The Future of Football

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Based on countless conversations with sports administrators and executives from across the country, we have gotten a general sense of how the return to football might play out.

First and foremost, return to play will be dictated by health mandates. We know that there will be pressure to start playing sports, especially football, throughout the summer, but regular lobbying will not be effective against health considerations. The health and safety of our children is top priority.

The decision made on when students will return to local schools will dictate the timing and manner that football/all sports will return. Nothing happens until kids are allowed to head back to school, for school, community and travel sports. (From some limited interactions we’ve had with superintendents and principals, schools are not focused on sports at all at the moment; they are trying to figure out how to conclude this year’s academic shutdown, and plan for multiple education contingencies next year. And by the way, their budgets are increasingly shot.)

Once school is back in session (as normal), schools and leagues will be considering a variety of options around return to sports. Most people think there will be a focus on starting slowly. Organizations, especially at the youth level, will want to keep everything local and operate a little differently, perhaps by placing more emphasis on practice than games. There will be major efforts to get kids on the field, even if spectators at games may need to come later.

Football has several factors in its favor: 1) Cost out-of-pocket per individual, in many cases, is smaller than other sports. A majority of equipment cost has already been absorbed by the school/league/team. 2) Football doesn’t cut/restrict players in most cases; if a kid wants to play a sport, football is available. This is even more important following months of enforced shelter in place, causing pent-up demand for physical activity. 3) Football is community. There is tons of energy and psycho-social momentum. The return to football is surrogate for some normalcy in many communities. 4) Football is local. The sport, in and of itself, does not rely on travel infrastructure, quite unlike other traditional sports, such as soccer, basketball and baseball.

Travel sports will come back much slower than community sports play. Far more issues arise when we consider the return to travel. For instance, cost. During continued economic hard times, fewer players will have the financial ability to participate. In addition, there will be ample complications of organizing and coordinating travel league schedules in such a short time frame this fall. Everyone will be eager to resume play… all at the same time.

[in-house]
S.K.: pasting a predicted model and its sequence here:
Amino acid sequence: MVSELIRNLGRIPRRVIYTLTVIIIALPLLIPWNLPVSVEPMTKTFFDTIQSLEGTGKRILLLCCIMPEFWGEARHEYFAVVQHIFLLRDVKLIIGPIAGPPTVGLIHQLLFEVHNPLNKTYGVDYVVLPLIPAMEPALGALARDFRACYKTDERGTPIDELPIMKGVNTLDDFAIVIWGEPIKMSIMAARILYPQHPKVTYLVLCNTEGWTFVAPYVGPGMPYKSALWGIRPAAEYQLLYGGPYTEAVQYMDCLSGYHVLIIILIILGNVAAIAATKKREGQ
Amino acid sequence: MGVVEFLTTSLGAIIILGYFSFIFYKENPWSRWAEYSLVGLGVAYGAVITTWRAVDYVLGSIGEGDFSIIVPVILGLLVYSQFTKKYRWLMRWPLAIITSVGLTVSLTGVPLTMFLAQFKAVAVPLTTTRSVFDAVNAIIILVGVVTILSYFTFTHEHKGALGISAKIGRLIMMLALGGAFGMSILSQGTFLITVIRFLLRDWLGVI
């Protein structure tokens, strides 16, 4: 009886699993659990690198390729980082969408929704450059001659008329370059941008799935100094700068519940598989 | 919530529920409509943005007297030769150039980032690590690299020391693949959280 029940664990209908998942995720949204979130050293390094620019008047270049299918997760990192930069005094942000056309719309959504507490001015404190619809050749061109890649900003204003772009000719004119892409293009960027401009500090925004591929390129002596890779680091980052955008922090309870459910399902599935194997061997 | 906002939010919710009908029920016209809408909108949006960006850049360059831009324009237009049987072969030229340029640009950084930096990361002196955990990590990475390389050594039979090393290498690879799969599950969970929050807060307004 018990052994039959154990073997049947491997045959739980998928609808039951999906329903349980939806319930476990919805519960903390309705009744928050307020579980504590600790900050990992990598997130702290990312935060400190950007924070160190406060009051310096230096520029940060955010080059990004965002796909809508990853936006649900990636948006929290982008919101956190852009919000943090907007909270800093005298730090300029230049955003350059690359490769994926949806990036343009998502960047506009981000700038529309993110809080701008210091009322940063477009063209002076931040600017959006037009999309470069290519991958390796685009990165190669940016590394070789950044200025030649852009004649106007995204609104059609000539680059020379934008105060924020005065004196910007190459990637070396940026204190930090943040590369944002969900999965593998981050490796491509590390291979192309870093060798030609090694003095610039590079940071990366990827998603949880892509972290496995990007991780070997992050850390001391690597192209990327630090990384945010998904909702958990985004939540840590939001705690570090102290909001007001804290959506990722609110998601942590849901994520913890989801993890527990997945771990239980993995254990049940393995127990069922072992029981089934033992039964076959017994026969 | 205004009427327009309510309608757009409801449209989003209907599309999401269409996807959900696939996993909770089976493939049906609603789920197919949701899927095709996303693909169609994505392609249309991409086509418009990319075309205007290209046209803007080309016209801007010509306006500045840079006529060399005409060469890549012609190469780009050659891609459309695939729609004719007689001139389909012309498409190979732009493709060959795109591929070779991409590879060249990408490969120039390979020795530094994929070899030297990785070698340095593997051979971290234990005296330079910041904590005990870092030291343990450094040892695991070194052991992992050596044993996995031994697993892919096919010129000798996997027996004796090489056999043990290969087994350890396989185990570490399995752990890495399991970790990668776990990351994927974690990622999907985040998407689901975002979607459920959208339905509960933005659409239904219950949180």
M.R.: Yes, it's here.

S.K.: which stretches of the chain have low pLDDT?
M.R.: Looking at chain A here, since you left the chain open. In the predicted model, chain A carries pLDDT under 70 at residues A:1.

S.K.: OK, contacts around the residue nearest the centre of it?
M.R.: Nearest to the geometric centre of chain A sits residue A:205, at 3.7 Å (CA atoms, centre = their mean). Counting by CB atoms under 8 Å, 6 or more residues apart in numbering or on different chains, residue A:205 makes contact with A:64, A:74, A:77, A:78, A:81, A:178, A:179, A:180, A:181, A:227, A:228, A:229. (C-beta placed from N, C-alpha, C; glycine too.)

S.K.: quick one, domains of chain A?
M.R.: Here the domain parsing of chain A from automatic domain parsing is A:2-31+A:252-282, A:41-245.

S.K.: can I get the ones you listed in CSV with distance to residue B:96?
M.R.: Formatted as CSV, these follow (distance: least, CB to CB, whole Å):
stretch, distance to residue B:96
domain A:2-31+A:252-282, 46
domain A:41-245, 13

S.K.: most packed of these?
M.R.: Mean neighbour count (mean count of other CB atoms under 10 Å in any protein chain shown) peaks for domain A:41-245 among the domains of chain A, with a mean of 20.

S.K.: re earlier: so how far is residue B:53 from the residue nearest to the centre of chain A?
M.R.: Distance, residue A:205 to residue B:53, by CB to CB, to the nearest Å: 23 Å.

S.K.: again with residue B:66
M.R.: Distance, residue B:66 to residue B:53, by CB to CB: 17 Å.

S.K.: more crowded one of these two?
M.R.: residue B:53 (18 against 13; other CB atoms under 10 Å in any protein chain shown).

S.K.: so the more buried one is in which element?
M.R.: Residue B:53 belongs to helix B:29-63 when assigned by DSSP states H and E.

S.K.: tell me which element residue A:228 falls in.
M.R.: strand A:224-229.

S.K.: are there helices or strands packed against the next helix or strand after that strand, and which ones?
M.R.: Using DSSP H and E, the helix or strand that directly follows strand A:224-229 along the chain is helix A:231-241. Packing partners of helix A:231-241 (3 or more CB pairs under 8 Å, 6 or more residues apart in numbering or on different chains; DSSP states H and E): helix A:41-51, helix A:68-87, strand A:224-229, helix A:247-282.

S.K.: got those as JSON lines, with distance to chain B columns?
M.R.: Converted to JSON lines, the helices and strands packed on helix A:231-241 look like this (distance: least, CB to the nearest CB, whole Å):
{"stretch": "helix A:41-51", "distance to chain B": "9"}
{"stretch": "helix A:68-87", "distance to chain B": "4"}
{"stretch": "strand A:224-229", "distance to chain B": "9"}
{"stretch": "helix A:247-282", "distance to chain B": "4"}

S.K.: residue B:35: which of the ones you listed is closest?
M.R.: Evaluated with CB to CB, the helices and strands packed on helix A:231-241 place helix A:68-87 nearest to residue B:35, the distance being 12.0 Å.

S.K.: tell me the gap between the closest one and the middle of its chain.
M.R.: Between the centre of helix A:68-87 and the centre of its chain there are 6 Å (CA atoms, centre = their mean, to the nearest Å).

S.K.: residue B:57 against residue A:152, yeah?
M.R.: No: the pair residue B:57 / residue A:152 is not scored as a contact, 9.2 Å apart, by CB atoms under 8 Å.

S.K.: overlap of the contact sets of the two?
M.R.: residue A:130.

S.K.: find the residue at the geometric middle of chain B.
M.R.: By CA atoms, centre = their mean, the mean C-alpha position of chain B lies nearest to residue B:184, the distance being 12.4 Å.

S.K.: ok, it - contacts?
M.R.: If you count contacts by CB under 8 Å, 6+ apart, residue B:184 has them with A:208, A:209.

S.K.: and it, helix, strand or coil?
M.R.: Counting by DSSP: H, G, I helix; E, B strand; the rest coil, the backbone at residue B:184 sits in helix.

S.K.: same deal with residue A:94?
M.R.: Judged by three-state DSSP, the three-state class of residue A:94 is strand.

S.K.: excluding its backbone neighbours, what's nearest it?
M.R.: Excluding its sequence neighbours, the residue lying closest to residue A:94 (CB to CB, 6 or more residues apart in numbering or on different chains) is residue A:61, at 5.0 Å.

Most importantly, the onus will be placed on ability of sports organizers (i.e. schools, clubs, coaches, other parent volunteers) to instill confidence in the parents that there is a strong, viable plan in place to protect the health of their children. Leagues’ and coaches’ credibility and ease with parent communications will be a critical factor.

Back to football specifically, our discussions with administrators and coaches around the country is that most people are preparing to play in the fall. They say, “We’re getting ready, so as soon as we can, we’re getting on the field.” And, “As of now, we’re full speed ahead for football in the fall, until the minute someone tells us for sure we’re not playing.” Leagues, organizations and communities are eager and ready, but wary of what fall conditions may bring.

A huge factor at the moment is the experience communities will have with initial “opening up” scenarios. If places like Georgia and Texas open up with minimal health/virus problems, that will inspire and pressure the rest of the country to resume play. If there are problems, and especially if the virus flares up in these locales, that will imply very bad news for fall sports.

A lot of football people are considering modifications to their normal schedule, such as starting pre-season much later and running their seasons later into November/December.

There is huge pressure for college and NFL football to figure out ways to play. And, given their resources, we suspect NFL will play games this fall. However, it is less clear for college; but if they can put kids back in dorms and open up, it’s likely that players will suit up, as well.

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SFIA is the leading global trade association in the sports & fitness industry. SFIA is the #1 source for sport & fitness research. More info at

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